With transition layer 24, a beam of optical wave energy guided in film 21 of FIG. 2 passes over the leading edge of metal layer 23 with negligible loss or reflection. Additionally, theoretical analyses confirm that, with a tapered layer of the type specified hereinabove, the guided wave transitions from the unclad portion of film 21 to the metal-clad portion thereof are essentially lossless and reflectionless, with negligible waveguide mode conversion.
Guided wave transitions in the opposite direction, that is, from the meta-clad portion of film 21 to the unclad portion thereof (i.e., from right to left in the figure), are likewise essentially lossless as a result of the use of transition layer 24.
FIG. 3 of the drawing illustrates the positioning of the tapered transition layer of our invention for structures in which the metal layer is formed on the upper major surface of the guiding film rather than between the guiding film and the substrate. The guiding structure of FIG. 3 comprises thin dielectric light-guiding film 31, lower refractive index dielectric substrate 32 and metal layer 33 formed on a portion of the upper surface of film 31. To provide the desired lossless transition from the unclad portion of film 31 to the portion thereof bounded by metal layer 33, or vice versa, transition layer 34 is disposed between film 31 and the edge of metal layer 33, as shown in FIG. 3. Transition layer 34, like layer 24 of FIG. 2, has a refractive index less than that of film 31 and a thickness which is gradually tapered up from zero and then down to zero along the direction of the guided wave propagating in film 31. The thickness 1 of layer 34 is agains such that little of the evanescent field of the wave guided in film 31 extends to the leading edge of metal layer 33. Tapers extending over lengths greater than 10 wavelengths of the guided wave and a thickness t of about one to three wavelengths of the guided wave are again specifically incorporated into layer 34. It will be noted that the total maximum thickness of layer 34 of FIG. 3 is less than the total maximum thickness of layer 24 of FIG. 2, typically by an amount equal to the thickness of lower metal layer 23.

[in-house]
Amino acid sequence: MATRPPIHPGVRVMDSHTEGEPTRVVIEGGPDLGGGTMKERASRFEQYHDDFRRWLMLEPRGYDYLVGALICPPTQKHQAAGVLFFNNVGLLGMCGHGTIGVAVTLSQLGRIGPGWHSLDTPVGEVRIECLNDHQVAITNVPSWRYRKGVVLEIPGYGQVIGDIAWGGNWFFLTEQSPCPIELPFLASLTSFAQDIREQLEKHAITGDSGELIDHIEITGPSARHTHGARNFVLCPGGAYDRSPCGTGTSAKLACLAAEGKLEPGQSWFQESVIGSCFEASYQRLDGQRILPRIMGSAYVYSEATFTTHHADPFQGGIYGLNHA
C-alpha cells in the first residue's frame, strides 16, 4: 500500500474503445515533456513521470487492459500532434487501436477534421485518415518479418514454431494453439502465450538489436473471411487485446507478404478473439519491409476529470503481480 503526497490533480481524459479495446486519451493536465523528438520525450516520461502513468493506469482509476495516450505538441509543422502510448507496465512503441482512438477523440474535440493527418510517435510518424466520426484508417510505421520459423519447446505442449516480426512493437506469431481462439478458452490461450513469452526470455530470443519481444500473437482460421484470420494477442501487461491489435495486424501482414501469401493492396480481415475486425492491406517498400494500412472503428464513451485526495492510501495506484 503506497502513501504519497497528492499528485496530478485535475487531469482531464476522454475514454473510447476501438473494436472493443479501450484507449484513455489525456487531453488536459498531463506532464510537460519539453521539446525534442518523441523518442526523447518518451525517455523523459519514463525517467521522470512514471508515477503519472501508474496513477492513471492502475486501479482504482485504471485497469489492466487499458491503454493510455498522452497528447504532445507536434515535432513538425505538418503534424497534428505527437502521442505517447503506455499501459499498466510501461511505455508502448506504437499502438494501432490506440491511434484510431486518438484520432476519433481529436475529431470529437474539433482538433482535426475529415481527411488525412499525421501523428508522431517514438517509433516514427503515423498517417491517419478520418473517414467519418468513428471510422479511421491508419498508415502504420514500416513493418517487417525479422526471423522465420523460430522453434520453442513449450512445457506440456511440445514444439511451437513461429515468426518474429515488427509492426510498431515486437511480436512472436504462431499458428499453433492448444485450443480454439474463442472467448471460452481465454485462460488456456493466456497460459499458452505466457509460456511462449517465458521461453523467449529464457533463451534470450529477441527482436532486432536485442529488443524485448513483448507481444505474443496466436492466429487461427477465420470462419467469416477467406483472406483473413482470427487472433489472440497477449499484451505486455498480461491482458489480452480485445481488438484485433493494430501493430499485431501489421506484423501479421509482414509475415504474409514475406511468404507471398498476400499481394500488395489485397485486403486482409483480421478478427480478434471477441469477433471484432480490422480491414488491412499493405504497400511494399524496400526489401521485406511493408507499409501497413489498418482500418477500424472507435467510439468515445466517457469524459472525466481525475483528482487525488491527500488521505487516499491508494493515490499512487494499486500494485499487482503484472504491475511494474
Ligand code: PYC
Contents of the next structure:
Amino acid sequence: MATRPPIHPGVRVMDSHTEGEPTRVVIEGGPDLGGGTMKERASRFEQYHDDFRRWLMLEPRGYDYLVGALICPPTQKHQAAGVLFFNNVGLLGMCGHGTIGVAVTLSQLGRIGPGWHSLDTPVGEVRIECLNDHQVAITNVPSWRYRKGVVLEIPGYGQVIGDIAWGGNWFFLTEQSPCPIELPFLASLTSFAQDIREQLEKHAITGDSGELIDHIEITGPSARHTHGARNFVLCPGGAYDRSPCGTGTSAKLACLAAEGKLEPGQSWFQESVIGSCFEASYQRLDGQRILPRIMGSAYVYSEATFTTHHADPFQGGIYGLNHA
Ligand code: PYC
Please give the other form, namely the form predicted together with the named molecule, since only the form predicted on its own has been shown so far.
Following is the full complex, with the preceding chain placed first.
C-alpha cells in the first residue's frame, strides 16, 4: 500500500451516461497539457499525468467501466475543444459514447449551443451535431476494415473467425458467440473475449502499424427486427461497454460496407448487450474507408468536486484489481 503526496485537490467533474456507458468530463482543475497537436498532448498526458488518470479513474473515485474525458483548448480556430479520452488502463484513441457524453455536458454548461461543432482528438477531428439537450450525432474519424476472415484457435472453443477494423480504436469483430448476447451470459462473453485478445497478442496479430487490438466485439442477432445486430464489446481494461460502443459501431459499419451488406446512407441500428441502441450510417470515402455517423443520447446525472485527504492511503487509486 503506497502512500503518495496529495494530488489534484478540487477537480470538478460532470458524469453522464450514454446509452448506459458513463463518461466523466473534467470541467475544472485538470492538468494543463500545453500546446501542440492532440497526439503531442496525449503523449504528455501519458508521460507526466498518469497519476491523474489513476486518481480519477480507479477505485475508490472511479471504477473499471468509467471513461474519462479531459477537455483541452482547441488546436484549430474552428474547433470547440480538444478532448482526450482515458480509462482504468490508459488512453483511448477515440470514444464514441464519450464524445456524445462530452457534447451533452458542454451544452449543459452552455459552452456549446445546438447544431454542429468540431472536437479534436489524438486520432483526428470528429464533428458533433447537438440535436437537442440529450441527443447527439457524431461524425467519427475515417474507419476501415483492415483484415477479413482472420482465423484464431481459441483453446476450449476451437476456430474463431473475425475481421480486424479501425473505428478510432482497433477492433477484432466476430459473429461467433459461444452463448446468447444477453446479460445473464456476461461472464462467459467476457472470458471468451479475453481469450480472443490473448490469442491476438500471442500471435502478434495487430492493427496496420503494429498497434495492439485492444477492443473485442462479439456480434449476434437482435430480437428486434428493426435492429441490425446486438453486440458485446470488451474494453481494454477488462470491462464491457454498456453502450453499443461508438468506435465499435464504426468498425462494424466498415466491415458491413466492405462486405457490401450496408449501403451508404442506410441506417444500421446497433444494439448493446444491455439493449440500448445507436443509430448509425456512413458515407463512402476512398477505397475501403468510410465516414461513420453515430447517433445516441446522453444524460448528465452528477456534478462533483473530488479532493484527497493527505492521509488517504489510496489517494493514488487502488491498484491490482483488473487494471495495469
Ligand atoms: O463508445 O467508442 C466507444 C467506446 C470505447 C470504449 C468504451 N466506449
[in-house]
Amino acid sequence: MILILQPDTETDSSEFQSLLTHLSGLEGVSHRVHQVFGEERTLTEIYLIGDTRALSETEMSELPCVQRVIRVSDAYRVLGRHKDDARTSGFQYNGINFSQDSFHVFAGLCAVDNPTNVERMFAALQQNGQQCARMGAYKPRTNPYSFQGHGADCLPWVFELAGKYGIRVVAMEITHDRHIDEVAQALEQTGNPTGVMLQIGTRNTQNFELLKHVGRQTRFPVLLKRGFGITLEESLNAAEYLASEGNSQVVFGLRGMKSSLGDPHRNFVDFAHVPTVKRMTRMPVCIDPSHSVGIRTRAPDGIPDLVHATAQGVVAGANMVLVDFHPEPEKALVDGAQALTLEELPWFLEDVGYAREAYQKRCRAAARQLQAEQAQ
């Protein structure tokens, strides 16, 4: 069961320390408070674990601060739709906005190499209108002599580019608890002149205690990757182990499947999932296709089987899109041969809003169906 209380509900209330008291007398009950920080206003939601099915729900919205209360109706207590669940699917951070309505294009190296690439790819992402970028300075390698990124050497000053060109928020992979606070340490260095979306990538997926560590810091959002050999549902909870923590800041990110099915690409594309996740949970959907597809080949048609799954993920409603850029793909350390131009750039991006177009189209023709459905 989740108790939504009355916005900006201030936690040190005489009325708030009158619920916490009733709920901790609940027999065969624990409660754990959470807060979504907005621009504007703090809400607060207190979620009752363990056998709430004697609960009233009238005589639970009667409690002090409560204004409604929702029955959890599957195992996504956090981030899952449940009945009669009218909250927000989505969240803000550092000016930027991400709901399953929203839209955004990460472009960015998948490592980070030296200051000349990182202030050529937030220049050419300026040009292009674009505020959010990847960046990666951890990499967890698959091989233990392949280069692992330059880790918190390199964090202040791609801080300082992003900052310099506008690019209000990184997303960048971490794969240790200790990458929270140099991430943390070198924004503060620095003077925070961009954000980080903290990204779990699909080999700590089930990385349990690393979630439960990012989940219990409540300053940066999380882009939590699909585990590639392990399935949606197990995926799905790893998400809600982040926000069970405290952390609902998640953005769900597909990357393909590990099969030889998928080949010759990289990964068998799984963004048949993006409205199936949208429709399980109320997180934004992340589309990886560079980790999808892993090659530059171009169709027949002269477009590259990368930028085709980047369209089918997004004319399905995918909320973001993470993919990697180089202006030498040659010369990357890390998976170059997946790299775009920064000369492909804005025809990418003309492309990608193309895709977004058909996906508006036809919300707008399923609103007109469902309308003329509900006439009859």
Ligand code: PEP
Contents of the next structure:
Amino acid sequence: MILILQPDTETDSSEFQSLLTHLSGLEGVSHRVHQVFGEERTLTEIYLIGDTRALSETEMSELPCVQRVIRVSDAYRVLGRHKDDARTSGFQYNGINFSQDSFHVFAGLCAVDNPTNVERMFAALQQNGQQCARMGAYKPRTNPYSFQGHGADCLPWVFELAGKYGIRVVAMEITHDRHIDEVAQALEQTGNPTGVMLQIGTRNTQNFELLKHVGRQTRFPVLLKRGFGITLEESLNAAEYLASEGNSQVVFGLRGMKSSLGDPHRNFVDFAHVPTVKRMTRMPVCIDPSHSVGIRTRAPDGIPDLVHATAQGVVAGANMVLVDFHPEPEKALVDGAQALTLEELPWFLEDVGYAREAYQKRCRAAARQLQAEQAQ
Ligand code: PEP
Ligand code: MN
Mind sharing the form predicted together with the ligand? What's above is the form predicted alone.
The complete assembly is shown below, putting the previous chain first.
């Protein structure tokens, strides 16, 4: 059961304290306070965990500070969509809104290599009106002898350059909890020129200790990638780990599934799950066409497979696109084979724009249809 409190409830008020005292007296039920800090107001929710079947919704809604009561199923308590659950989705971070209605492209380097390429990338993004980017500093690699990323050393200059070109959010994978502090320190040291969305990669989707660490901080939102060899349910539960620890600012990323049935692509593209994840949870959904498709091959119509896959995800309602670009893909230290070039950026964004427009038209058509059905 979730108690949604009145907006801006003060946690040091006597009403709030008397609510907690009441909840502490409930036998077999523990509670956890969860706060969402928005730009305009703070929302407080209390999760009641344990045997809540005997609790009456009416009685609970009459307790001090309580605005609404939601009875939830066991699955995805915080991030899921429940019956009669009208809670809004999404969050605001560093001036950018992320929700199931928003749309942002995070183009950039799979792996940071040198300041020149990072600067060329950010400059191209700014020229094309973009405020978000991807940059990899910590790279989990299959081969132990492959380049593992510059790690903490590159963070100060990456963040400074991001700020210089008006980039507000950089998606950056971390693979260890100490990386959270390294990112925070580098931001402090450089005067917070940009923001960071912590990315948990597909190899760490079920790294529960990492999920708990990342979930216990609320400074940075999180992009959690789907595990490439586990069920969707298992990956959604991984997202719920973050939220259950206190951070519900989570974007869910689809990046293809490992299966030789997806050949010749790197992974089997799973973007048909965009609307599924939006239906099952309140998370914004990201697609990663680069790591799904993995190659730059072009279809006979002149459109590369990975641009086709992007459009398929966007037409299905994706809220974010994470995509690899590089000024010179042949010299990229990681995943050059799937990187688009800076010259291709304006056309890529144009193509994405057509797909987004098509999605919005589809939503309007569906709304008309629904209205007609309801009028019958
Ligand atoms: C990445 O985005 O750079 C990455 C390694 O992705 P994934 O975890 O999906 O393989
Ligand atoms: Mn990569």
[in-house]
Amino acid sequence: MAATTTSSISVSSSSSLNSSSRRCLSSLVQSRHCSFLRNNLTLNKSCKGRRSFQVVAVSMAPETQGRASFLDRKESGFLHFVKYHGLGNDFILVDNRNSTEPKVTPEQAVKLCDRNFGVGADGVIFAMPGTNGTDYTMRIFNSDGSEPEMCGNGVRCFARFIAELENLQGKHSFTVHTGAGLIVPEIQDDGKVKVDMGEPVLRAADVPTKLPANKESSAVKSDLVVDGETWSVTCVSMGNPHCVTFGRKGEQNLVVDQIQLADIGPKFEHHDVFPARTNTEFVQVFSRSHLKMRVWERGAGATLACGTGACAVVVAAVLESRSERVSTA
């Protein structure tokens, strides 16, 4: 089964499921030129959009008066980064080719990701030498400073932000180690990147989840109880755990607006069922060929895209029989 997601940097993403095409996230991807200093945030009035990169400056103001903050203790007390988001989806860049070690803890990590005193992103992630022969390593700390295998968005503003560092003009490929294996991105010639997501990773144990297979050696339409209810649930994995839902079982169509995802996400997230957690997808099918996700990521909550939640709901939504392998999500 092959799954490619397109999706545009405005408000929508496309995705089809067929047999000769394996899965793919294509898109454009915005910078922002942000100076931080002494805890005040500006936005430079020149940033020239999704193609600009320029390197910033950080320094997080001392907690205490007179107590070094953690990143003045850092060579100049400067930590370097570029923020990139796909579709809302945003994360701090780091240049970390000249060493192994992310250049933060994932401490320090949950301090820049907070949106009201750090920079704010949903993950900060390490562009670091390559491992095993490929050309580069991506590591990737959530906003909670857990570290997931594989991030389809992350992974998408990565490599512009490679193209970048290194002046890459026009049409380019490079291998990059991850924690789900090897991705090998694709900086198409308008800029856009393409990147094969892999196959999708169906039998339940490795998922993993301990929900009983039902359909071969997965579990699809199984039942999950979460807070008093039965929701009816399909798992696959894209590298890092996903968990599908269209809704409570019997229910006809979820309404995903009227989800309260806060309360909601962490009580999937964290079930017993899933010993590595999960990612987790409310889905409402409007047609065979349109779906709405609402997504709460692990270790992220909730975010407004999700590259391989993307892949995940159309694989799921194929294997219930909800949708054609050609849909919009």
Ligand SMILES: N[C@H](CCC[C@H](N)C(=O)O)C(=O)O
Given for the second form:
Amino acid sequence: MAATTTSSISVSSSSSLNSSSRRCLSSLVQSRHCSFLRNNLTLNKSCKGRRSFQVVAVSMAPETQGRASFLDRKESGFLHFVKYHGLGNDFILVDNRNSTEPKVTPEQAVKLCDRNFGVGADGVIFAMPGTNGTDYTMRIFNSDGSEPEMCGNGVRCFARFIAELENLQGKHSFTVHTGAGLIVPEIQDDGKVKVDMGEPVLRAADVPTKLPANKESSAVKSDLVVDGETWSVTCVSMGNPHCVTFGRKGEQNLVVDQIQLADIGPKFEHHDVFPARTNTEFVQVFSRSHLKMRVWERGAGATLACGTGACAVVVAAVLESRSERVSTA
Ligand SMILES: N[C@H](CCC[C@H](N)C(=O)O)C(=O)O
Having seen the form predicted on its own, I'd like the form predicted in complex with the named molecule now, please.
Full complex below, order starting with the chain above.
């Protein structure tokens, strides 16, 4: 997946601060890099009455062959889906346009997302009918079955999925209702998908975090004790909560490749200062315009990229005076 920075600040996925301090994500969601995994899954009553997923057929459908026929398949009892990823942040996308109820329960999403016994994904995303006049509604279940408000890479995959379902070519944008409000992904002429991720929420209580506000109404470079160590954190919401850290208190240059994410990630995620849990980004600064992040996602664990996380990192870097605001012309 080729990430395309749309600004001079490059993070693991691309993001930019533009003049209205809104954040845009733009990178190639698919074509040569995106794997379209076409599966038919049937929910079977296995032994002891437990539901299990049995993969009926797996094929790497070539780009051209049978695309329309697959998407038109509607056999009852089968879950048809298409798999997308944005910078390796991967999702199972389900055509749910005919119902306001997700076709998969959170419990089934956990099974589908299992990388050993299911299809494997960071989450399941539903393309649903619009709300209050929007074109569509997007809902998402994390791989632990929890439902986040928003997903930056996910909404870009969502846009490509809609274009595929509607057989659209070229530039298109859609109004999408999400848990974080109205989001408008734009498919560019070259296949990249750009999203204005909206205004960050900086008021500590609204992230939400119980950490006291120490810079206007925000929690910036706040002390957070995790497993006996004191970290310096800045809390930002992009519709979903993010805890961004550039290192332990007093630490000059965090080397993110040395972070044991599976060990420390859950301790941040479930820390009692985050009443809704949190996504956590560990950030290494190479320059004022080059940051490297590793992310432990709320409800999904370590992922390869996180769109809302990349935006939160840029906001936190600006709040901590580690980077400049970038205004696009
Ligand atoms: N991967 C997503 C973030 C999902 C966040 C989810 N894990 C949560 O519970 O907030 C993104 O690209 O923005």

For coupling to and from dielectric optical waveguides bounded on both major surfaces by metal layers, the simple structure illustrated in FIG. 4 of the drawing can be used. Excessive losses for an optical beam guided in thin dielectric film 41 at the abrupt edges-of upper metal layer 43 and lower metal layer 43' are avoided by tapered transition layers 44 and 44, respectively. Tapered transition layer 44 is identical to layer 34 of FIG. 3, while tapered transition layer 44 is identical to layer 24 of FIG. 2. Both layers 44 and 44 can be fabricated of the materials and by the techniques specified hereinabove with respect to layer 24.
1. An optical coupling arrangement of the type comprising a substrate, an optically transparent dielectric thin film formed on a major surface of said substrate to guide a beam of optical electromagnetic radiation, and a metal layer formed on at least one of the major surfaces of said film along a portion of the intended path of the beam to be guided therein, said arrangement being characterized in that a transition layer of an opti cally transparent material is disposed between said film and said metal layer in the region of an edge of said metal layer, said transition layer having an index of refraction less than that of said film and a thicknecs which is first gradually increased preceding the edge and then along the intended path of said beam greater than about ten times the wavelength.
3. The arrangement of claim 2 in which the thickness of said transition layer at the edge of said metal layer is between about one and three times the wavelength of the beam to be guided in said film.
4. The arrangement of claim 1 in which the transition layer thickness is zero at a first point following the edge beam.